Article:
We’ve all been there: when you feel it, you’re out for your routine run or pushing hard in a race. A twist, pop, pull or pinch that stops you in your tracks. As you hobble to the finish or head home, you probably find yourself wondering what on earth you did or how you could have prevented it.
Runners are prone and susceptible to a great many injuries. No matter how experienced you are, the likelihood of sustaining an injury during your running career is relatively high. The most common running injuries include runner’s knee, Achilles tendonitis, IT band syndrome, shin splints and plantar fasciitis. If you’ve ever suffered from one or more of these conditions, you know that they hurt and can keep you from hitting your goals.
The best way to deal with these types of injuries is to avoid them in the first place. Easier said than done, right? In fact, you can do several strengthening exercises that will work the right parts of your body and help prevent injuries on the track or trail.
It’s All in the Hips
Often, running injuries stem from other root causes like weakness in specific muscles, decreased flexibility, or training errors. Dr. Robert Wilder is the medical director of the University of Virginia Center for Endurance Sport and clarifies that safe, strong running starts with stability.
“Almost all common overuse injuries are related to a lack of pelvic stability,” Dr. Wilder notes, and we can’t help but agree. Strengthening your hips directly improves the stability of your legs. Stronger hips reduce your chance of injury and keep your legs from tiring as quickly, giving you more power for speed and endurance for distance.
Step to It
Even if you’re already hitting the weights or slapping on an exercise band regularly, the chances are high that you’re neglecting some surprisingly key muscle groups. Don’t worry; we’ve got your back: take a look at the exercises below to find out how you can prevent running injuries and improve your performance, all in one shot.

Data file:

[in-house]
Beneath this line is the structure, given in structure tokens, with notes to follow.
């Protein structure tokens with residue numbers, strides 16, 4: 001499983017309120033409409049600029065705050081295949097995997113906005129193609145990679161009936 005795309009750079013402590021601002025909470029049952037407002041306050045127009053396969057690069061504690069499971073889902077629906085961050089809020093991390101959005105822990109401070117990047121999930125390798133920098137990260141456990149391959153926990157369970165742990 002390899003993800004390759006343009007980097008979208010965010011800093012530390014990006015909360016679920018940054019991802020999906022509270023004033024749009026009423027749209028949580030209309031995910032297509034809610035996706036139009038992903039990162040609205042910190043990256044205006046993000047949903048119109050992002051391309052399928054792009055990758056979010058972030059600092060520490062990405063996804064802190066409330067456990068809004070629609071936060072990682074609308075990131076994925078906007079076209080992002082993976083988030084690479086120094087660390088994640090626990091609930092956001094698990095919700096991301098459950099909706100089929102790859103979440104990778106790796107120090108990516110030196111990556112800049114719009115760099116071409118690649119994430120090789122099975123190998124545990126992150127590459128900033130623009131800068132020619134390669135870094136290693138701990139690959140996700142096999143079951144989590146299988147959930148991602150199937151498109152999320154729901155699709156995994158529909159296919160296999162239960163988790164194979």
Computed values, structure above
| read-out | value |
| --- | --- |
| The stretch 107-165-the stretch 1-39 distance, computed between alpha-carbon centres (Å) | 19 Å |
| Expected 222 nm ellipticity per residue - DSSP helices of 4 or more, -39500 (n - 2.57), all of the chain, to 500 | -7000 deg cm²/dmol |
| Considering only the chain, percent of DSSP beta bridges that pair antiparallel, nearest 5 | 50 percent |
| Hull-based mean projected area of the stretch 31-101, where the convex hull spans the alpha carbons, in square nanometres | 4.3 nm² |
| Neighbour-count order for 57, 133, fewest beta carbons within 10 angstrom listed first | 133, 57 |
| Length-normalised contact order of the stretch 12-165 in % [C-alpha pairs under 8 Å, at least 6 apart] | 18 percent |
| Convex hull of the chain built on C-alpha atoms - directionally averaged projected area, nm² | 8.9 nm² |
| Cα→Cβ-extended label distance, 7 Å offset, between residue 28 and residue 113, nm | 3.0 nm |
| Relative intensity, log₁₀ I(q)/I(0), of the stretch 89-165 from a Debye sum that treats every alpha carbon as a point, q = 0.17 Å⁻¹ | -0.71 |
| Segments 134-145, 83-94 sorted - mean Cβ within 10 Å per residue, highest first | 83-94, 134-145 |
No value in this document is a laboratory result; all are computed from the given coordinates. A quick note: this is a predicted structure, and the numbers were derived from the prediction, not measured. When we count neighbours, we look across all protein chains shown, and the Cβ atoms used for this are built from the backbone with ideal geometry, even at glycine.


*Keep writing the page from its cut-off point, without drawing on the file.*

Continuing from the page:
Lateral Band Walks
This exercise is a strong bet for preventing IT band issues and patellofemoral pain (runner’s knee).
With a mini-band resistance loop around and just above both ankles, take small steps (about 4-6 inches each), walk about 20 feet in one direction, and then go the other way. Repeat this twice. Keep steady tension on the band with toes pointed straight ahead. Your legs should be stiff (be careful not to hyperextend those knees) and abs should stay tight.
Suppose you’re looking for an alternative or supplement to the exercise above. In that case, side lifts will do the trick to enhance pelvic stability by engaging gluteus muscles and extending the hip flexors.
Start by lying on your left side, with your left knee bent at about 60 degrees. Align your hips with your shoulders, and rest your right hand on your right hip, with your head on your other arm. Flex your right foot and raise your right leg a few inches off the floor; lift it back, rotate it slightly towards the ceiling (no more than 45 degrees), and return to start. Fifteen reps on each side is a great place to start.
Static Lateral Band Taps
Keep the theme running with pelvic strengthening here.
Place a small resistance band loop around and slightly above both ankles. Move into a slight squat with your buttocks back and knees in front of your ankles. Keeping your hip, knee and foot in line, shift your weight to one side and tap the other foot out to the side about 4-6 inches. Two sets of twenty taps on each side is a good start.
This simple exercise helps develop each leg’s stability, strength and balance.
Secure a resistance band on a secure object, then step inside the band, so it rests on the outside of one hip with easy tension. Stand only on the opposite leg with an upright posture, tightening your abs and lifting your knee (one on the same side as the band) to a 90-degree angle, then lower it again without touching your foot to the ground. Do twenty reps on each side, two times.
Soleus Step Stretch
This exercise helps ward off issues like Achilles tendonitis, plantar fasciitis and shin splints by improving soleus flexibility.
Stand on a step with one foot on the step, with the other foot’s heel hanging over the edge of the step. Gently lower your heel, bending your knee slightly. Three reps of 30 seconds each on each side should do it.
Strengthening for the Win
If these exercises seem easy, they’re designed to be that way. Injury prevention is about strengthening and stabilizing muscles and joints, not pushing them to the limit. By performing simple exercises regularly and accurately, you’ll reduce your risk of injury and boost your speed. That’s an all-around win for runners at any stage and adds longevity to your favorite workout.